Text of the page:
Treasury Secretary Janet Yellen on Wednesday slammed the move by Fitch Ratings to strip the US of its top-tier credit rating, calling it “flawed” and “entirely unwarranted.”
“Fitch’s decision is puzzling in light of the economic strength we see in the United States,” Yellen said in remarks prepared for an event in McLean, Virginia.
In the longer term, the US “remains the world’s largest, most dynamic, and most innovative economy – with the strongest financial system in the world.”
Yellen’s criticism is an echo of predecessor Timothy Geithner’s almost exactly 12 years ago, when he blasted S&P Global Ratings for “really terrible judgment” in becoming the first of the three most-cited ratings firms to remove the US from the top, AAA tier. Moody’s Investors Service is now alone in keeping the US at the highest grade.
Fitch late Tuesday cut the US to AA+, citing an erosion in financial governance, rising budget deficits and expected fiscal deterioration over the next three years.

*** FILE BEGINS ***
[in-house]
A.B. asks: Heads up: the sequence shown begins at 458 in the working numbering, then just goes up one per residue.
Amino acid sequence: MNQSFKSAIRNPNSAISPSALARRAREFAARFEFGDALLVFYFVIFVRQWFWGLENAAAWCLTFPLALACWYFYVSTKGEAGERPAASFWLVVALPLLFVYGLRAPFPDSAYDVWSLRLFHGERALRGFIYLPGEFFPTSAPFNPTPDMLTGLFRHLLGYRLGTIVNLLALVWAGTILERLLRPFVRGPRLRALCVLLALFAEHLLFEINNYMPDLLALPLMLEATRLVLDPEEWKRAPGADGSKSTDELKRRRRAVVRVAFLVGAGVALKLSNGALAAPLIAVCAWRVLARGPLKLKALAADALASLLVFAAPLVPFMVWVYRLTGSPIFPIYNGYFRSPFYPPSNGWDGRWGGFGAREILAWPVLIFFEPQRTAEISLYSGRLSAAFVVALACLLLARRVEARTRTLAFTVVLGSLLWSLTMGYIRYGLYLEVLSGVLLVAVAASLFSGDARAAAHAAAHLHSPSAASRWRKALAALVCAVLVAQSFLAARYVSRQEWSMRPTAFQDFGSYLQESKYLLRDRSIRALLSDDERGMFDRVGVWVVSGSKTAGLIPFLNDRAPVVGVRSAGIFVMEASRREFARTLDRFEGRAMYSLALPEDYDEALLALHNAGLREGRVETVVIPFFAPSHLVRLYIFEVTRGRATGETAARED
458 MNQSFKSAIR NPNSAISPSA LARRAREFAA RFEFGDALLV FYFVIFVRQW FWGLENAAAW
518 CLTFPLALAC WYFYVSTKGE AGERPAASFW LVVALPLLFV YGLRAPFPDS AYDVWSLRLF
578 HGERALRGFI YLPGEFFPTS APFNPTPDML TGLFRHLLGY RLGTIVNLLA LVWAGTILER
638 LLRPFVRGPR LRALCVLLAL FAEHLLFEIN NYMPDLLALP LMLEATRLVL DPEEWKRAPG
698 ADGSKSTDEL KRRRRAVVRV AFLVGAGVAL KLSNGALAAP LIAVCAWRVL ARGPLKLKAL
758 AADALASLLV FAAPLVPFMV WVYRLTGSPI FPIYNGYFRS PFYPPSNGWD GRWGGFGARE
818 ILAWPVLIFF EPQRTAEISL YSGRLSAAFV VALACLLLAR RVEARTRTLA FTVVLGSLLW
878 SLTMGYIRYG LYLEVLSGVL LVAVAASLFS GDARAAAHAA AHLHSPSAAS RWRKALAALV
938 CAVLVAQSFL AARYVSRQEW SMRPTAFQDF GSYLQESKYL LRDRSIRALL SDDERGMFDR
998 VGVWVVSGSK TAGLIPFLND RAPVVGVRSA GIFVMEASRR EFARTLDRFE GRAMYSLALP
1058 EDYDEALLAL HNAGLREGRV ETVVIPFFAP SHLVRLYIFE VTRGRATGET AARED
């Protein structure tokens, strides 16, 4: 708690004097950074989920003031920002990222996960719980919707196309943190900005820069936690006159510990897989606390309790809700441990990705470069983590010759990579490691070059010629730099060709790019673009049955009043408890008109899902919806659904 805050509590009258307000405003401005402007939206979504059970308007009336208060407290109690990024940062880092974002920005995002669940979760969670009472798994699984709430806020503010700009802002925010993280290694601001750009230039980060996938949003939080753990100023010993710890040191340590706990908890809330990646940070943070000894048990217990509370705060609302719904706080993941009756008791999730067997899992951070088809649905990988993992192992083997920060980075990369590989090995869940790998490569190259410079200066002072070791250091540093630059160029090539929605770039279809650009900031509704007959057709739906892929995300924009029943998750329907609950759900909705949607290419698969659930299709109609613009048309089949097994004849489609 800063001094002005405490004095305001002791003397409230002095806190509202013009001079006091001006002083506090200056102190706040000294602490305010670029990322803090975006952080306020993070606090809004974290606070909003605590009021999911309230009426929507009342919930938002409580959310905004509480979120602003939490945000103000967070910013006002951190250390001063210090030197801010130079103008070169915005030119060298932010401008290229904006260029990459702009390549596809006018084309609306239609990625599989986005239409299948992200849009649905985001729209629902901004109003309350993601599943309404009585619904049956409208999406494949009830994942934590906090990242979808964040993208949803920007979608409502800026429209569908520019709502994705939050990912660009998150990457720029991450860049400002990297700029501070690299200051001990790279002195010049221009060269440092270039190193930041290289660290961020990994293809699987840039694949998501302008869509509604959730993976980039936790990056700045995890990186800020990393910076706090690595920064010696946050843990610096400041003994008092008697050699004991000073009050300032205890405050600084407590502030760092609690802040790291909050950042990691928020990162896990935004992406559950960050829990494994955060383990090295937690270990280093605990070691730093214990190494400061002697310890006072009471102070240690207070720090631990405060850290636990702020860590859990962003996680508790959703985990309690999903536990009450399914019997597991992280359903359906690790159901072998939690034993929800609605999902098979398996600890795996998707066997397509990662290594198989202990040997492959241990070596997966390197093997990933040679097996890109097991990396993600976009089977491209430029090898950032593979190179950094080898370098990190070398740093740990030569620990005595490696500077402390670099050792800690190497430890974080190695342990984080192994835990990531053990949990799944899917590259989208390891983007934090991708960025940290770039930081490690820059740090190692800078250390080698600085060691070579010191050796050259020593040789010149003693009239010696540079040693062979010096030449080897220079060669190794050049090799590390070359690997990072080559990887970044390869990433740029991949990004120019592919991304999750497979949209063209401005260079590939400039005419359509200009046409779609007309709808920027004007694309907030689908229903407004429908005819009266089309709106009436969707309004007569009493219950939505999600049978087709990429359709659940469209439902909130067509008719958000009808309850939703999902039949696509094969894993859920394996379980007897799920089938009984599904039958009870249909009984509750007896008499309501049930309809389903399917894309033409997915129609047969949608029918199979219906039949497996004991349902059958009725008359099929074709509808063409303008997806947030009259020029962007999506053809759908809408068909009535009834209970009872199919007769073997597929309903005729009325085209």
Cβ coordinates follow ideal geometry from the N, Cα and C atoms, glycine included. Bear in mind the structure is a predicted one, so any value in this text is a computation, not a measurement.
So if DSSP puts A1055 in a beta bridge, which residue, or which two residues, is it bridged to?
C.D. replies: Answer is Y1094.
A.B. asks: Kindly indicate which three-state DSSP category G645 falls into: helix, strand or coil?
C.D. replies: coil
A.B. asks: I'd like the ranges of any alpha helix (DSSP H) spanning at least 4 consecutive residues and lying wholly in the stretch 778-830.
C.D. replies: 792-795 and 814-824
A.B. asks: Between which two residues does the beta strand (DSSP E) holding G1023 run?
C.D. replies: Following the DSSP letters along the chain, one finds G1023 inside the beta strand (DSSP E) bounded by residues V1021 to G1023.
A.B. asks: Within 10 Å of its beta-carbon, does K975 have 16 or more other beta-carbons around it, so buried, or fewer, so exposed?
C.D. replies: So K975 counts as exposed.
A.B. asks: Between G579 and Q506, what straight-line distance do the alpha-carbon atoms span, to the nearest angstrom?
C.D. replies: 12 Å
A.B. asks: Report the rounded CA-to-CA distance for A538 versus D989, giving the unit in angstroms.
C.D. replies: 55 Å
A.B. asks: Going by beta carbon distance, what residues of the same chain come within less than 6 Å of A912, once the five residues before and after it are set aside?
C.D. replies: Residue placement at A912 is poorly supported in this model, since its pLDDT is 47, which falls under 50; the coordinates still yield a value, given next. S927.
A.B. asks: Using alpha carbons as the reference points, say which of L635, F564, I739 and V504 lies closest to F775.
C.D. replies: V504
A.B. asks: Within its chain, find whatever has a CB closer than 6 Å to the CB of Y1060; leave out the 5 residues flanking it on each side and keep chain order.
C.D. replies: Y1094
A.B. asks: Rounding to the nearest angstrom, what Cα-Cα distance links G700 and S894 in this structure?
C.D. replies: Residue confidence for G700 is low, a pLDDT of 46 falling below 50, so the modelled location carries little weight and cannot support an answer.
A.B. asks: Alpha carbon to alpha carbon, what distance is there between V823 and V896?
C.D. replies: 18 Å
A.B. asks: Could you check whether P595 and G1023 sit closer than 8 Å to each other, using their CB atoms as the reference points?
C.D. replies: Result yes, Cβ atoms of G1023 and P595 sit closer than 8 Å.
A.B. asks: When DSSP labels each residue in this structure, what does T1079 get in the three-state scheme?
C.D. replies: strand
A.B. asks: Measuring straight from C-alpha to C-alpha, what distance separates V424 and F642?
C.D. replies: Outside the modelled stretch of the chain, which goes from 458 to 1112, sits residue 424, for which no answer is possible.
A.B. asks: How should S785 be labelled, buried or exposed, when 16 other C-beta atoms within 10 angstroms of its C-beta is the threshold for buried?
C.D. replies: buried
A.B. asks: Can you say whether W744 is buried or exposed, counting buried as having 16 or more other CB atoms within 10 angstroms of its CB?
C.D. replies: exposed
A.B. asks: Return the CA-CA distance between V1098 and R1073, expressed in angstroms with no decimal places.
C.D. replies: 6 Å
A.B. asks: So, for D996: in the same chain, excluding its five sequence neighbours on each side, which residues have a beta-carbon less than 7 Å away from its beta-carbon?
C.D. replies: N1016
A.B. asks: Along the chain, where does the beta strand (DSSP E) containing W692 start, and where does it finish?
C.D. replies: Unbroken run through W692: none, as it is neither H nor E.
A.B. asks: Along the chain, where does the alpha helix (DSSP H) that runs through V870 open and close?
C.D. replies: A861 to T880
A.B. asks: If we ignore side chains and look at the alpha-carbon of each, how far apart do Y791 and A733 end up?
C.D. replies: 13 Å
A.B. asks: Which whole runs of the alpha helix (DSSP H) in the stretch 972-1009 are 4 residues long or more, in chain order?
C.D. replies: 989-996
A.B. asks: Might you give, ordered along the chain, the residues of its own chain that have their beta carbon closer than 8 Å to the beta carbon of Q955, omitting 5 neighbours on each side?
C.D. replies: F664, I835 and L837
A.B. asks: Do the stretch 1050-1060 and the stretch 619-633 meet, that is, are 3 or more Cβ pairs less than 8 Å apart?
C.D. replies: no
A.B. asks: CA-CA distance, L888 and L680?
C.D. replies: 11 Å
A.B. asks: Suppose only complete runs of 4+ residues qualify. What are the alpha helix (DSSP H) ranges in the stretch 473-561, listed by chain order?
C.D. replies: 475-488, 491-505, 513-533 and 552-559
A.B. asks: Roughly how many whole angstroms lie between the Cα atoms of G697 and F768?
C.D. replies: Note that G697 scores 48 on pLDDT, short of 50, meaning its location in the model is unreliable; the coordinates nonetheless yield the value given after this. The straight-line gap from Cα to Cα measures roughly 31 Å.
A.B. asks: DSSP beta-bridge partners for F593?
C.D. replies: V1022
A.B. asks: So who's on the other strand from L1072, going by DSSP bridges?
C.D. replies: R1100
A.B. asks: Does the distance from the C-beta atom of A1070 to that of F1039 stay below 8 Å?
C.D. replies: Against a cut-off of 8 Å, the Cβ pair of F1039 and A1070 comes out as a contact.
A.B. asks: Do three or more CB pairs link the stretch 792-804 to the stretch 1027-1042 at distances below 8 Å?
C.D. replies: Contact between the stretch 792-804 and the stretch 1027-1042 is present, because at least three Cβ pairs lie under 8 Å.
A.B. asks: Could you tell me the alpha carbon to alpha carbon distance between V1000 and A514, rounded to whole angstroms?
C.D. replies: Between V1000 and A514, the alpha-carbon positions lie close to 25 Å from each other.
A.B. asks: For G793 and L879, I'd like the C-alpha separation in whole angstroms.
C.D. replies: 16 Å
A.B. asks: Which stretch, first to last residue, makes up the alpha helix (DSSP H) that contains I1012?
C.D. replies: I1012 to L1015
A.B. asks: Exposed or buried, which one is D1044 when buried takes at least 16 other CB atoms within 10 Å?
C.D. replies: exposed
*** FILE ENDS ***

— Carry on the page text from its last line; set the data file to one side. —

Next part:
Treasuries showed little immediate reaction to the Fitch move, but then slid Wednesday morning in the wake of stronger-than-expected jobs data. They accelerated their selloff following a bigger-than-expected plan for increased US debt issuance.
Fitch analysts drew attention to medium-term fiscal challenges that they said have been “unaddressed.” By contrast, Yellen has expressed optimism about the longer-term debt picture, saying that inflation-adjusted interest costs aren’t historically high.
The Fitch statement also said the firm anticipates the US to fall into a mild recession in late 2023, a projection that’s at odds with the assessment of a number of economists. Wednesday morning, Bank of America Corp. scrapped its own forecast for a recession, becoming the first large Wall Street bank to officially reverse its call.
Yellen said the Fitch decision “does not change what all of us already know: that Treasury securities remain the world’s preeminent safe and liquid asset, and that the American economy is fundamentally strong.”
Earlier Wednesday, one of Yellen’s top lieutenants downplayed any risk of forced selling by investors now that Fitch rates the US at AA+.
“We did not see any evidence of that in 2011” with the S&P event, Treasury Assistant Secretary for Financial Markets Josh Frost told reporters Wednesday. “We continue to see robust demand for Treasury securities.”